It's Proms season, and a new style of concert has got Youth Music CEO Matt Griffiths thinking. If inclusion is a one-off, isn't it just a token gesture?
The summer months are an interesting time in the music and music education worlds. A mixture of quiet and busy. Quiet because schools are off, and teachers are on their well-earned holidays. And busy because there are lots of summer activities going on for young people run by the projects we support, there's a proliferation of music festivals young people are attending, and there's the Proms.
I had the privilege of attending Prom 30 recently, performed by Bournemouth Symphony and the National Youth Choir of Great Britain in a programme of Beethoven, Strauss, Prokofiev and ending with Walton's Belshazzar's Feast - one of my favourite works. It was musically stunning, and unlike other performances I've heard of this work in the past. The sounds from the choir and orchestra were rich, punchy and pretty jazzy at times. I loved it.
A few weeks ago the Proms presented what they billed as their first ever 'Relaxed Prom'. On the one hand this tickled me, prompting me to tweet 'so are all the other Proms tense then?' More seriously, it did get me thinking so I delved a bit deeper (although I should say here that I didn't actually attend the Relaxed Prom as I was away on holiday myself).
I had lots of questions about the Relaxed Prom: what makes it relaxed, what's going to happen at the concert, who's it for, why is it proudly being promoted as a first of its kind? So I went online to find out more.
"This document is supplied to provide as much information as possible for your Relaxed Prom experience. This concert has been designed to have a relaxed attitude to noise during the music and the BBC Relaxed Prom will offer a shared cultural experience for everyone. Therefore, there has been a consideration of lighting, sound and content when creating this concert to make the event as accessible as possible whilst maintaining the authenticity of the full concert-going experience."
I started to feel a little cross after reading this. Surely all the Proms should be as accessible as possible and offer a shared cultural experience for everyone! And what on earth is 'the authenticity of the full concert-going experience'? The very idea of a Relaxed Prom reinforces the idea of a two-tier concert system: a relaxed event (just one) for the hoi polloi, with all the others remaining just as they are for 'those in the know'.
The publicity went on to say:
"The BBC's first ever Relaxed Prom is suitable for children and adults with autism, sensory and communication impairments and learning disabilities as well as individuals who are hard of hearing, blind and partially sighted."
It's great that people who identify with these labels would be able to feel confident that their needs would be catered for at this particular concert. (Although of course, everyone has a wide range of abilities, tastes and requirements.) But I can't help feeling that this implies the other Proms aren't accessible at all. The main criteria for making it a Relaxed Prom seemed to be a warm welcome, lights and visuals, being able to pop in and out at any time, joining in with the music, and conversation from the musicians on stage to the audience. Great but why limit that to just this one event? This should really be the norm.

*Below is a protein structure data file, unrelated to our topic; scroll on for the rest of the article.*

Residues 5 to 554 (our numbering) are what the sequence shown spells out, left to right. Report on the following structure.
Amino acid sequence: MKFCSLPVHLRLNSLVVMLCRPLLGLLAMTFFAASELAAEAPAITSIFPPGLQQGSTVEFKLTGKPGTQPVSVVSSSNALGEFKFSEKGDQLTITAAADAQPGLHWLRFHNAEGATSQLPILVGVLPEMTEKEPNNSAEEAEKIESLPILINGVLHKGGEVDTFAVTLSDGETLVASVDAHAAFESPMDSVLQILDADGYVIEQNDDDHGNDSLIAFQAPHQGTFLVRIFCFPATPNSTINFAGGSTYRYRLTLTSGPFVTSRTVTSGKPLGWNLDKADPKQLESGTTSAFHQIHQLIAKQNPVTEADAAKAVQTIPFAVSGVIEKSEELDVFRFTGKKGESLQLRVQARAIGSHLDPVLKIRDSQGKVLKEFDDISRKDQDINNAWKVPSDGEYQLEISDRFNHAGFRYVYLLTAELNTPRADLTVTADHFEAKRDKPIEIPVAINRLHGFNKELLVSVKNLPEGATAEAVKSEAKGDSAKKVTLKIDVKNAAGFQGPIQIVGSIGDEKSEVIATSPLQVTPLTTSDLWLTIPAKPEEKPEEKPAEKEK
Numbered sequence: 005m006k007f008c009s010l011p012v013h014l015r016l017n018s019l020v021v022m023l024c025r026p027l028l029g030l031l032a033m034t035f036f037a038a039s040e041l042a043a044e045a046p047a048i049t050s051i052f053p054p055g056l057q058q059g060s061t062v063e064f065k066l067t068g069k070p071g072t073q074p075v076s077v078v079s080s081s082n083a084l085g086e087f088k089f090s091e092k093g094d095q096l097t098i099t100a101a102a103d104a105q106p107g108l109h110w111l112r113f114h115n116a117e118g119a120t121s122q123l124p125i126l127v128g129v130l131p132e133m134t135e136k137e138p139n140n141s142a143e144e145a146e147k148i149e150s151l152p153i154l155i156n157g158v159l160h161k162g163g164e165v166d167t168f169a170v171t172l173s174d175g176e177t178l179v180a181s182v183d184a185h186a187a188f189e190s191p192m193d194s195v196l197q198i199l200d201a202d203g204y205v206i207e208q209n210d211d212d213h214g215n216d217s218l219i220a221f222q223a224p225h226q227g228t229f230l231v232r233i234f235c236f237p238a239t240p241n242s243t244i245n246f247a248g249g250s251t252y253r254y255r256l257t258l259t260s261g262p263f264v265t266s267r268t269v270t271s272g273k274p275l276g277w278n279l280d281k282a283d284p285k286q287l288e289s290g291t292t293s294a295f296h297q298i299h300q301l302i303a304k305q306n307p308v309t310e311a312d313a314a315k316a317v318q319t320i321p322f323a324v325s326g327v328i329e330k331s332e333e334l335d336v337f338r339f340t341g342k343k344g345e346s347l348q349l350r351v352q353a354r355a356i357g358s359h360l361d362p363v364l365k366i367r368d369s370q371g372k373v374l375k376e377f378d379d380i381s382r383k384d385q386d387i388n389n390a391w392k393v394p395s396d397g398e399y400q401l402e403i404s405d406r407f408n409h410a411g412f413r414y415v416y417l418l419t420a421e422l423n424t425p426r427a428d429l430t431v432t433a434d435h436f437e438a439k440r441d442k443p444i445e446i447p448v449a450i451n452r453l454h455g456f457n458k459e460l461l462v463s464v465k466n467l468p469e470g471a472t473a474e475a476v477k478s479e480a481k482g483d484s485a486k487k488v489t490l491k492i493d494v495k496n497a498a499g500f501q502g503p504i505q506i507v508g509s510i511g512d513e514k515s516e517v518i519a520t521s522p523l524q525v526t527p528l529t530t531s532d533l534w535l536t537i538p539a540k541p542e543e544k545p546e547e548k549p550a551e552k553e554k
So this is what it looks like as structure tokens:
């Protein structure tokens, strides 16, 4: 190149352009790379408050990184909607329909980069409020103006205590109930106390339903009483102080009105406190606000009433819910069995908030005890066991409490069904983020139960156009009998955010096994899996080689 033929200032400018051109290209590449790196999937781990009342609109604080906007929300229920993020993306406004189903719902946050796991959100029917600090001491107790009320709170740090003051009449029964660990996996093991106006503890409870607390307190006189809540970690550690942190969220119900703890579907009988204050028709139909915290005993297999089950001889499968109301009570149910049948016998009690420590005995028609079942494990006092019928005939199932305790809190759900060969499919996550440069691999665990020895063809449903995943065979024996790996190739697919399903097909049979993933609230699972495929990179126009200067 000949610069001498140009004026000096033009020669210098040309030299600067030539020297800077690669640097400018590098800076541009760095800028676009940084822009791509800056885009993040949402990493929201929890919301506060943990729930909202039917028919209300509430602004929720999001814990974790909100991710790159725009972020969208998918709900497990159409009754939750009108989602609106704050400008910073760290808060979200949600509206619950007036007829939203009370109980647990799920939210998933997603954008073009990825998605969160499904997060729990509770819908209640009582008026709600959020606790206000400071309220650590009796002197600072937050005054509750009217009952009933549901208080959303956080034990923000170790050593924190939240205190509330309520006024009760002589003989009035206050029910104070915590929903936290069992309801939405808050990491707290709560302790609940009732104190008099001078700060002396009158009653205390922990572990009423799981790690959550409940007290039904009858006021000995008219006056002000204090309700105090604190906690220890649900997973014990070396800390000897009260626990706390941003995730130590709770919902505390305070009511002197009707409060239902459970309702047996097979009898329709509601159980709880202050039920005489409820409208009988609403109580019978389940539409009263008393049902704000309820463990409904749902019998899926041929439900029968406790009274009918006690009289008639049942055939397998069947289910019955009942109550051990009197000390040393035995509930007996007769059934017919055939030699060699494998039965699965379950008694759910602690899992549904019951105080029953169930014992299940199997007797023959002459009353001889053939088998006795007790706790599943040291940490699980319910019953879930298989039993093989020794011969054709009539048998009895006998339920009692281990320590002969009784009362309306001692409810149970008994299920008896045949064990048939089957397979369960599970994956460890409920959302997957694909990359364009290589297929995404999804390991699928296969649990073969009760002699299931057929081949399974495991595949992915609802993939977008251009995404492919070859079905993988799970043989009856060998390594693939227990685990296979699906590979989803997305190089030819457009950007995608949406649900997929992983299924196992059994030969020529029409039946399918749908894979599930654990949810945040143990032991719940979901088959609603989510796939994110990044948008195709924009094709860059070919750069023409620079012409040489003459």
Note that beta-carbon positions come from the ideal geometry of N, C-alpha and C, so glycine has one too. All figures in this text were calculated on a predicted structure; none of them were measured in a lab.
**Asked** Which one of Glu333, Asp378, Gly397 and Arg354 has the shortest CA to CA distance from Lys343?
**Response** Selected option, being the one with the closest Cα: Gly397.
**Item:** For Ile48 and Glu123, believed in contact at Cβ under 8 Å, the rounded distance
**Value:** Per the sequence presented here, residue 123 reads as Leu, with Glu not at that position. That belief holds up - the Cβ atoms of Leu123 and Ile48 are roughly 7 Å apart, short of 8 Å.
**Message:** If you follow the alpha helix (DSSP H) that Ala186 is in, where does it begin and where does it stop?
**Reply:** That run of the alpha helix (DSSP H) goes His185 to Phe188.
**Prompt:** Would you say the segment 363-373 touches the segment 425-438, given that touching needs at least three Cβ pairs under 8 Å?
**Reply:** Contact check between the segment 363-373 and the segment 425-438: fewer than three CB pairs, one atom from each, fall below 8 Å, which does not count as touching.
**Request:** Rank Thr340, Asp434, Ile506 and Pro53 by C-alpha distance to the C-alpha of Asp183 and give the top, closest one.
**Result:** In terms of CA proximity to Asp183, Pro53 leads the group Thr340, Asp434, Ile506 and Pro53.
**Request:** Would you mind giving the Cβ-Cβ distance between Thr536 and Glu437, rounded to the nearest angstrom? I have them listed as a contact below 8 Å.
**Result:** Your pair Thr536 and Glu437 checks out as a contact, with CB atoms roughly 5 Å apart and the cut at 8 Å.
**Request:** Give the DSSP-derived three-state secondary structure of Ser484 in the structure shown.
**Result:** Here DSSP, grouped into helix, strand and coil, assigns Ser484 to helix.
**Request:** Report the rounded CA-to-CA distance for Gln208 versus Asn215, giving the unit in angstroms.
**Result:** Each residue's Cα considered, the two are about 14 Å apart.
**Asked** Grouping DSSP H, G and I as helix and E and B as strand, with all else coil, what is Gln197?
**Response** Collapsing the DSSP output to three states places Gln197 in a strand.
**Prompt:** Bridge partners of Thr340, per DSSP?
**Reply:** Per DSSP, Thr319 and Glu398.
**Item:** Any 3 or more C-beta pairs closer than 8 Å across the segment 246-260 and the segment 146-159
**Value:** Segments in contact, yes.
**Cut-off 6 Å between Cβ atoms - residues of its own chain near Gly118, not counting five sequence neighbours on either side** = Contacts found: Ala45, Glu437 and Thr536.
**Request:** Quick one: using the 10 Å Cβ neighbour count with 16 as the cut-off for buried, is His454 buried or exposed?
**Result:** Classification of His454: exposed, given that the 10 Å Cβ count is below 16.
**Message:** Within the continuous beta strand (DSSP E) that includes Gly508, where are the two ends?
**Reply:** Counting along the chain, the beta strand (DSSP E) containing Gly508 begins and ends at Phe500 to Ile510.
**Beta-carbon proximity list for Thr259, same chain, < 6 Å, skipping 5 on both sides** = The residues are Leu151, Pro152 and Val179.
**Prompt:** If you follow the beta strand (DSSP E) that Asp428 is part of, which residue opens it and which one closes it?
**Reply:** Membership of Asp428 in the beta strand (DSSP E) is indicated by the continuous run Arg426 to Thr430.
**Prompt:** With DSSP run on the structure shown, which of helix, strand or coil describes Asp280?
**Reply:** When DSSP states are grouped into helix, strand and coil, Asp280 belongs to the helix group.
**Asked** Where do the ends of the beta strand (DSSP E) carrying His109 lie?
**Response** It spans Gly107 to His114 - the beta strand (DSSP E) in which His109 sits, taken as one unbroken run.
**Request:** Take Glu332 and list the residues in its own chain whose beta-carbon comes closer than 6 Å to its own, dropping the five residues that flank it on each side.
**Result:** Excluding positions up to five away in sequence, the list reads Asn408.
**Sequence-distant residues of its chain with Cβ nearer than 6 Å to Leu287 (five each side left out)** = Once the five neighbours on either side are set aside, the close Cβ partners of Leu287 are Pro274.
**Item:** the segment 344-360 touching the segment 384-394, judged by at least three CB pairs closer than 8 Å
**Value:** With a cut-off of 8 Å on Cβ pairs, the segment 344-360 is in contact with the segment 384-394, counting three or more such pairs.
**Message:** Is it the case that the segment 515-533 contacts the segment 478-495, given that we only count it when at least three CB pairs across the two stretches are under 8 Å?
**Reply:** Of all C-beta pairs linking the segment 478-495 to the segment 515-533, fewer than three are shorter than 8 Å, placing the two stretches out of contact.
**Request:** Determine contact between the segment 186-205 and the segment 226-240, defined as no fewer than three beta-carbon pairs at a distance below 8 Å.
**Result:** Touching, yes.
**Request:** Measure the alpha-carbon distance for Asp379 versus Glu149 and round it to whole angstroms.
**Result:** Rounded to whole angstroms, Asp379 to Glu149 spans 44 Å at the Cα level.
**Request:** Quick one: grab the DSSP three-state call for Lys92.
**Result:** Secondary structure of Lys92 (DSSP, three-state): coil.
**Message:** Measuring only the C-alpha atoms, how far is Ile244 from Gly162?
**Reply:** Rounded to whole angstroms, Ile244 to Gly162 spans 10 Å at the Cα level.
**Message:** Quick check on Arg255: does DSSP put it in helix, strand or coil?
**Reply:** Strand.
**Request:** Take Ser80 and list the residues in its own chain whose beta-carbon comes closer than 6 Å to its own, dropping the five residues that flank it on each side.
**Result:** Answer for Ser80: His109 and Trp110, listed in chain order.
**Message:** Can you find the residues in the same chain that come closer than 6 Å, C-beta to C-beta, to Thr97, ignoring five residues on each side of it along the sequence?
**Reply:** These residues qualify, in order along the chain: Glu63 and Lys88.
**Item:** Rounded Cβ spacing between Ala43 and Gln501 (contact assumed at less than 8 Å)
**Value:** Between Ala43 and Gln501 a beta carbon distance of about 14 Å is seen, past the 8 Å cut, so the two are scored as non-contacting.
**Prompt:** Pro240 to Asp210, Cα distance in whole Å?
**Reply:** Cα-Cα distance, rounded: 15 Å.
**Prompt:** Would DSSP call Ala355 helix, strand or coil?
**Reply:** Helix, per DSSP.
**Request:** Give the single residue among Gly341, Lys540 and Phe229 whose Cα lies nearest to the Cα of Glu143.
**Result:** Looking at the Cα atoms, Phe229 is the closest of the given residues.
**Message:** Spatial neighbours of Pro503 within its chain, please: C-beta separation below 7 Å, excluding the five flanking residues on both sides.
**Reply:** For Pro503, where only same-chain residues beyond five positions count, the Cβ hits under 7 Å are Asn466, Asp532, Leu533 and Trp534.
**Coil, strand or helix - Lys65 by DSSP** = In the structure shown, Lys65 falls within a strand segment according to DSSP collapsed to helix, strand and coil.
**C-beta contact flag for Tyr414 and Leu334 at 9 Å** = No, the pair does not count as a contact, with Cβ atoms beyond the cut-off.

I did notice that young musicians from special schools were performing at the event alongside the orchestra. Again, that's great but these opportunities shouldn't be limited to just within a Relaxed Prom, which can feel really tokenistic. The projects we support at Youth Music are genuinely inclusive, and help young people - who might face barriers to traditional music-making - to explore and share their incredible creative talent. Take a look at these stories from Jonny and Ashley for just a couple of examples.
Back to Prom 30 and as I said the music was excellent. But all the conventions - sometimes quite off-putting - evident in a classical music event were plain to see. I noticed that one audience member who had special needs and used a wheelchair was regularly taken in and out of the concert by his carer and an usher. Now, I don't know the specific situation but it appeared to be because he was making some verbal noises (pretty quietly). It didn't seem like he was taken out due to distress (I can't be sure though) - it seemed more that the sounds he made were judged to be a disturbance to everyone else when in fact they really weren't. If that had happened at the Relaxed Prom then no doubt the audience member could have stayed throughout the concert. There obviously wasn't a 'relaxed attitude to noise' at Prom 30. It reminded me of an interview I heard with the comedian Jess Thom where she described her humilation and frustration at being asked to leave a gig due to noises she made because of her Tourette's syndrome (here's the link - she talks about the incident around 13 minutes in).
I know the Relaxed Prom was well-intentioned - and of course making steps towards inclusion is positive - but for me, its execution reinforced a continuing gulf between what's considered accessible 'outreach' (a dreadful word that should be banned!) and the rarified atmosphere of a so-called 'authentic concert-going experience'. If all the Proms were 'relaxed' as a matter of course (including keeping ticket prices low) I'm convinced that the make-up of the audience could change really pretty quickly, which would be good for business, properly inclusive and a positive step forward for all.
I'd be really interested in other people's views on this - let me know what you think on Twitter @mattgriff1968.